Millions of Americans are problem gamblers—so why do so few people ever seek treatment?
The opportunity to gamble has moved from a trip to Vegas, to a drive to a local casino, to the phone in your pocket. And if you’re a sports fan, nudges to place bets have become nearly impossible to ignore, with sports gambling ads and promos routinely appearing on TV, social media, sports radio and in arenas.
The stunning expansion of sports wagering following decades of casino expansion certainly gives any rational person reason to pause.
For most bettors, gambling is an occasional form of entertainment—Powerball tickets when the jackpot swells to $1 billion, Super Bowl squares with co-workers, a birthday trip to the casino.
But for other people, the possibility of developing a gambling disorder looms.
To what extent should Americans be worried?
To gamble is to be human
A nuanced answer begins with the fact that gambling has been popular for a long, long time.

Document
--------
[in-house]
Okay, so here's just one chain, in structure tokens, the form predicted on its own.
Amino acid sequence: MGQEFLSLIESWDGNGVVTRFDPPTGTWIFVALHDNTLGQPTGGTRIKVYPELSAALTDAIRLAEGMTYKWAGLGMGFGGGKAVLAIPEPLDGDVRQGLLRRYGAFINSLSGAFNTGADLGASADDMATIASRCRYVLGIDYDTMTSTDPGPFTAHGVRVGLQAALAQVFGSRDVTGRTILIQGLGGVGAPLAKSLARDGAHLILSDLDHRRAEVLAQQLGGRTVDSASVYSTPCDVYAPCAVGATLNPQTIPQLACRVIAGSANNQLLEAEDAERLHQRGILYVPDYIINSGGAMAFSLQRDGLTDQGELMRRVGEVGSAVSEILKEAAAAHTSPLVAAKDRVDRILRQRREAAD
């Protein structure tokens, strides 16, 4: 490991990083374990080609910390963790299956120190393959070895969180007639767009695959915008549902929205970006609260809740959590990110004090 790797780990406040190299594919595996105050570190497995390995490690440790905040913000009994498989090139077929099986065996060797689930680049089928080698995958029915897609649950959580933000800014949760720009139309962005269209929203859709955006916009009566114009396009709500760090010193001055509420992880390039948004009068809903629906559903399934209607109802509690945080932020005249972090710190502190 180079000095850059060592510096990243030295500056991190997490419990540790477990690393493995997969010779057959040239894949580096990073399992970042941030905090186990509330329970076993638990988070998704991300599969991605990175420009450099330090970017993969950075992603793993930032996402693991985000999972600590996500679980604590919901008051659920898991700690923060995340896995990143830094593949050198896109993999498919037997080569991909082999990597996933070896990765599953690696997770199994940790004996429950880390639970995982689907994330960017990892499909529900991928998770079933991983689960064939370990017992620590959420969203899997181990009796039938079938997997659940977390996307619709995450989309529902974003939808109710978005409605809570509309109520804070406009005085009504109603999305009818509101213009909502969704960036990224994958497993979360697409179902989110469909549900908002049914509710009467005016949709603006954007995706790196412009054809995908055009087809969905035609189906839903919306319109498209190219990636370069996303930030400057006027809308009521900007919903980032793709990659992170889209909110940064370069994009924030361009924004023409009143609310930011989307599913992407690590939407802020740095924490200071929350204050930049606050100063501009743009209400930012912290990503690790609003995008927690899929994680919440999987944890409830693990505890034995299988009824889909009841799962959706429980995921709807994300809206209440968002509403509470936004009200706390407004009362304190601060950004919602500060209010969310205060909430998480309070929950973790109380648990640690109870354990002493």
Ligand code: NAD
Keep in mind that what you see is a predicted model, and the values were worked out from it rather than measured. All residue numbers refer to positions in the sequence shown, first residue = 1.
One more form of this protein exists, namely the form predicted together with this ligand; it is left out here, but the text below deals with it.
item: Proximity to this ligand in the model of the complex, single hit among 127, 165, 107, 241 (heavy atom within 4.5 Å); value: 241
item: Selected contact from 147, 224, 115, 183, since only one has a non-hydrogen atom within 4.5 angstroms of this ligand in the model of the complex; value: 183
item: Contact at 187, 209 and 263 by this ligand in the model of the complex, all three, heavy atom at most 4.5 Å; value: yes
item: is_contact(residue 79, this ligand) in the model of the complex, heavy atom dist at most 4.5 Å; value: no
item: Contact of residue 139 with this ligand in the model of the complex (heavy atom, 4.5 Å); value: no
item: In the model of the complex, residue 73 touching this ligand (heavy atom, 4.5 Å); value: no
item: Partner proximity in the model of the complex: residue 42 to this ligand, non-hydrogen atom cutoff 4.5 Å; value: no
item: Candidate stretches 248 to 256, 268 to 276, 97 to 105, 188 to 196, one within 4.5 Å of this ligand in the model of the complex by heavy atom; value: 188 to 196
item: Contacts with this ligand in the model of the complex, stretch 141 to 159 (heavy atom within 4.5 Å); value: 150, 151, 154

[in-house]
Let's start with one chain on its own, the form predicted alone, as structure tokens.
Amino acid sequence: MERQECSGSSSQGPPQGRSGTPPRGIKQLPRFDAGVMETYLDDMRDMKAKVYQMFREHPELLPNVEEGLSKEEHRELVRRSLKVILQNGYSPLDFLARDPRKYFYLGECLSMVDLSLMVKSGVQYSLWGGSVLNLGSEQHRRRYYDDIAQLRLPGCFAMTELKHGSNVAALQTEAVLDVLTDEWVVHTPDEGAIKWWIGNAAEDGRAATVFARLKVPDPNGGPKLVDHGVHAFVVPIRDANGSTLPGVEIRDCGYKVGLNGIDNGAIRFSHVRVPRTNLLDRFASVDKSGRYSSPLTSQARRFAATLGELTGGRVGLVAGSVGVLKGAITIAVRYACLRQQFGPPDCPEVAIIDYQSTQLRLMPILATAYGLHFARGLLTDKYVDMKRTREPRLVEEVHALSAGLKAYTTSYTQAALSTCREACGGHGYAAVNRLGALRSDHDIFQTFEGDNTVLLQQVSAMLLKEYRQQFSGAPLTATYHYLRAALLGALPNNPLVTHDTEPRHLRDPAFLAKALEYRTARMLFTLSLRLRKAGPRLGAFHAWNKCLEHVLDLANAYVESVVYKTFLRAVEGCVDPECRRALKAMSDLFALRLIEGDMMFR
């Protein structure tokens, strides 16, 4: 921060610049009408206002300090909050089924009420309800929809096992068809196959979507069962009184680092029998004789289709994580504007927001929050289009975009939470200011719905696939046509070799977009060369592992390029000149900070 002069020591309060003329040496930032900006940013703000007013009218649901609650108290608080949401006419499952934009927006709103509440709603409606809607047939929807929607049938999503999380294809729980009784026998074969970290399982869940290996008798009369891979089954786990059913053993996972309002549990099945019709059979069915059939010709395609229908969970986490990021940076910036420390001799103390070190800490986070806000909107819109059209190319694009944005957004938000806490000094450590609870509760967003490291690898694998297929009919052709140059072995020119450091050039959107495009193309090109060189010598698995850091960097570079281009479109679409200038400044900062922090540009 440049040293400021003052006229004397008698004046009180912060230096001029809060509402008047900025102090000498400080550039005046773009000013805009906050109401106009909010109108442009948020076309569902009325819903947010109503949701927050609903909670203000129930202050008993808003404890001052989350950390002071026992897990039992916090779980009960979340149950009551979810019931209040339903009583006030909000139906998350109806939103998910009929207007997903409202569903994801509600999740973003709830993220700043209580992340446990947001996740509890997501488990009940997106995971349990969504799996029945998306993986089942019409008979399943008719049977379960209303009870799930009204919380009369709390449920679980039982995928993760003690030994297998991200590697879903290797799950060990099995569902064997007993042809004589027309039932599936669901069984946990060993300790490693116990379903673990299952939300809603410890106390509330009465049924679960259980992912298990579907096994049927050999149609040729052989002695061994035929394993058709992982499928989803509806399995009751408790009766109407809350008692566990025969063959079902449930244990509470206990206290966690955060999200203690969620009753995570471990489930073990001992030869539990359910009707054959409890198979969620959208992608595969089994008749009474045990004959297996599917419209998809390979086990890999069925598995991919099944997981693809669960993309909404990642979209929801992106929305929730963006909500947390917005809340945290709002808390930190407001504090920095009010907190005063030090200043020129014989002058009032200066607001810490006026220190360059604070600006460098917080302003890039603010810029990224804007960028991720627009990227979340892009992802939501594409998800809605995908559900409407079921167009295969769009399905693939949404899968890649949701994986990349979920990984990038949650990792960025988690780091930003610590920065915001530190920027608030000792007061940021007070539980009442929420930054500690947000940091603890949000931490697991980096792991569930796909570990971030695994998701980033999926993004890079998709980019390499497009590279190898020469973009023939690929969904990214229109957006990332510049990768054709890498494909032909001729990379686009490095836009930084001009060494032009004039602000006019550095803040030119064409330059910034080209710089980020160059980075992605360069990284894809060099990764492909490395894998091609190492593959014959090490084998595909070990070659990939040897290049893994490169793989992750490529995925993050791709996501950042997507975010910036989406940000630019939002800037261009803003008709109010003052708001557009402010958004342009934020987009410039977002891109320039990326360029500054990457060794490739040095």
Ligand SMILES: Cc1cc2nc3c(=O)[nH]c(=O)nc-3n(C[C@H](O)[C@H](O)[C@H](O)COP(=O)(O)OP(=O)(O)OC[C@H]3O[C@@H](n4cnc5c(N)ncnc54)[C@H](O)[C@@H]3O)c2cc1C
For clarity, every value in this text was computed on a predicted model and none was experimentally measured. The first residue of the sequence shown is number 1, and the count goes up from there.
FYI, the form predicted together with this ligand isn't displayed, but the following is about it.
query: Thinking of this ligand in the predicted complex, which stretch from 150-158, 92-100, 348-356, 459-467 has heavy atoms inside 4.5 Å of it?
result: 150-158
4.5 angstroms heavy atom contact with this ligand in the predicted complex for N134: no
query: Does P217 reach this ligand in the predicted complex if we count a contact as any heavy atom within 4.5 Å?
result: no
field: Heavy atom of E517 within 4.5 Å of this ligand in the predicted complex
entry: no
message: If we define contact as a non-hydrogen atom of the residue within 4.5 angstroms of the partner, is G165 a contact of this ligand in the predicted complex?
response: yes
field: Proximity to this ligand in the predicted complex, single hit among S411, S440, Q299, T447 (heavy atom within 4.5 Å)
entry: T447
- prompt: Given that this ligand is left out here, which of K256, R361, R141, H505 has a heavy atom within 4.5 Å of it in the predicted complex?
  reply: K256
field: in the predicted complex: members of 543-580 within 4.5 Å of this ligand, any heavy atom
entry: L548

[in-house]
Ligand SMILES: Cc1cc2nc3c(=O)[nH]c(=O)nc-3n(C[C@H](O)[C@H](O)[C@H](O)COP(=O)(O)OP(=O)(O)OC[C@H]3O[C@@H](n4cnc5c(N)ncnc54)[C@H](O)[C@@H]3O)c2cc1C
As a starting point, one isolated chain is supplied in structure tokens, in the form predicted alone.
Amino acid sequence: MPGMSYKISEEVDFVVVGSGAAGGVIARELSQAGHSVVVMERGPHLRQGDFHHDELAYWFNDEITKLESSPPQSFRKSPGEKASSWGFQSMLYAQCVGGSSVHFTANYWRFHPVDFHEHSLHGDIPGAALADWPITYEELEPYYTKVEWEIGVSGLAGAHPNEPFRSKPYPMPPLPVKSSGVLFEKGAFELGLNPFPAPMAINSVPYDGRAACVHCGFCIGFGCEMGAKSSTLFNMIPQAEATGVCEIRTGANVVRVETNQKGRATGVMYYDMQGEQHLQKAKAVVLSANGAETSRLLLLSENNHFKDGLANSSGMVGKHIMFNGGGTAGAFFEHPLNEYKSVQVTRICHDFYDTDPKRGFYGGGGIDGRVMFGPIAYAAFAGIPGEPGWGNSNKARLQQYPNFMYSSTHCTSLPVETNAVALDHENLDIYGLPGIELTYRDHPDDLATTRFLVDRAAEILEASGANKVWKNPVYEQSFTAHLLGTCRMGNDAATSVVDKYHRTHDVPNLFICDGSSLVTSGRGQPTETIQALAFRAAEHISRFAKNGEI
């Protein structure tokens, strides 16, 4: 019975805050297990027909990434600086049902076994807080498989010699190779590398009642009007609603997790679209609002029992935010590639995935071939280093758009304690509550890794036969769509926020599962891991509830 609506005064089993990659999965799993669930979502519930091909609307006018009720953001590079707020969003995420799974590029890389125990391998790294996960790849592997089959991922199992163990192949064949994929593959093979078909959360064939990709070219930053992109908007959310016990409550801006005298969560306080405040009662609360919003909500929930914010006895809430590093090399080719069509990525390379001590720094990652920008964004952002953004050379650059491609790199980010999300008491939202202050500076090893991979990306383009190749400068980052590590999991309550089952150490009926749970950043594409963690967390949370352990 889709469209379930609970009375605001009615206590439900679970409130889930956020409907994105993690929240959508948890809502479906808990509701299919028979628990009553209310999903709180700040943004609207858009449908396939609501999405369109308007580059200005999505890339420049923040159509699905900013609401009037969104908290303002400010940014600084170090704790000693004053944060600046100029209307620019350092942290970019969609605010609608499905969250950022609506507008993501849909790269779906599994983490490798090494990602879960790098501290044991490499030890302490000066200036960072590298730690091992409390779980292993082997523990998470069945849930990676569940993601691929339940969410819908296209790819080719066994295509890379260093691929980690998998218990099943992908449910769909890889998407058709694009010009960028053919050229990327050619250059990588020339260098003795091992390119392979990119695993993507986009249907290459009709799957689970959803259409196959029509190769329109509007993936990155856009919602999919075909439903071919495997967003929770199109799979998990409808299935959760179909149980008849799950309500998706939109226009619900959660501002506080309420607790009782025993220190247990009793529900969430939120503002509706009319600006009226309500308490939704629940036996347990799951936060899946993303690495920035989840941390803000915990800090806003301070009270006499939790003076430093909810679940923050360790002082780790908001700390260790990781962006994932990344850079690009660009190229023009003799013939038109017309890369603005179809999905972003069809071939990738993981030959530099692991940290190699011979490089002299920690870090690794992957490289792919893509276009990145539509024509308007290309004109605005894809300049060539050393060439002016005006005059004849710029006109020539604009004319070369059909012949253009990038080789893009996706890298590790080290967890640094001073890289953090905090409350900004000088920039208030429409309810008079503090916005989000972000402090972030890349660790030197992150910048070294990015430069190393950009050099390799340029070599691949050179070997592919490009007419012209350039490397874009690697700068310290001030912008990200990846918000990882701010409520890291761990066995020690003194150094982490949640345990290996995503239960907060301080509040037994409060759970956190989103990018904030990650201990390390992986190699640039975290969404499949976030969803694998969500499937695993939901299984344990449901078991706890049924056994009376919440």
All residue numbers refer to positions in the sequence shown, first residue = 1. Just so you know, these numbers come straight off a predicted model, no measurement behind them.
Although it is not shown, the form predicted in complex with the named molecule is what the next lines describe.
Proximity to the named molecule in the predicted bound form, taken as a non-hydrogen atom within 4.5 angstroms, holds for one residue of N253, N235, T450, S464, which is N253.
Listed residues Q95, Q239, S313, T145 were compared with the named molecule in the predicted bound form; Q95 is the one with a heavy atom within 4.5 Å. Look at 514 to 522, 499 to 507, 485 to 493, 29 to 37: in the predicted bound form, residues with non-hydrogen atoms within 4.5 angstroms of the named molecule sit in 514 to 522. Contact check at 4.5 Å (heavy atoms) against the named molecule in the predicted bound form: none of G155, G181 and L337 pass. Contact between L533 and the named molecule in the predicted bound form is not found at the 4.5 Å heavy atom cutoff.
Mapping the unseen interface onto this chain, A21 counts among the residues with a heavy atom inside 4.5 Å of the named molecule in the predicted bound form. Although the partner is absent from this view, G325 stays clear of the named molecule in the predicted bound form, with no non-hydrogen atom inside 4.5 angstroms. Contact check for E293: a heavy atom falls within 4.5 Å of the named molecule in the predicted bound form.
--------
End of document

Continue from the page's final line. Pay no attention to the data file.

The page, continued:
Evidence of gambling has been found in ancient cultures around the world. Archaeologists have unearthed dice marked with pips, or dots, in Mesopotamia that date back to 1300 B.C. Historians have located records of dice games in Greek and Indian cities before 400 B.C.
In North America, one Navajo myth tells the story of Noqoìlpi, or “the gambler.” Informal gambling games and lotteries were common in the American Colonies, including lotteries to fund the Continental Army.
In the U.S., sports and gambling have long been intertwined. In the decades after the Civil War, pool halls were set up near Western Union stations so gamblers could easily place bets on horses. And sports like baseball and boxing became hugely popular in the 19th century, in part because they attracted action from bettors.
For as long as there’s been gambling, there has also been problem gambling.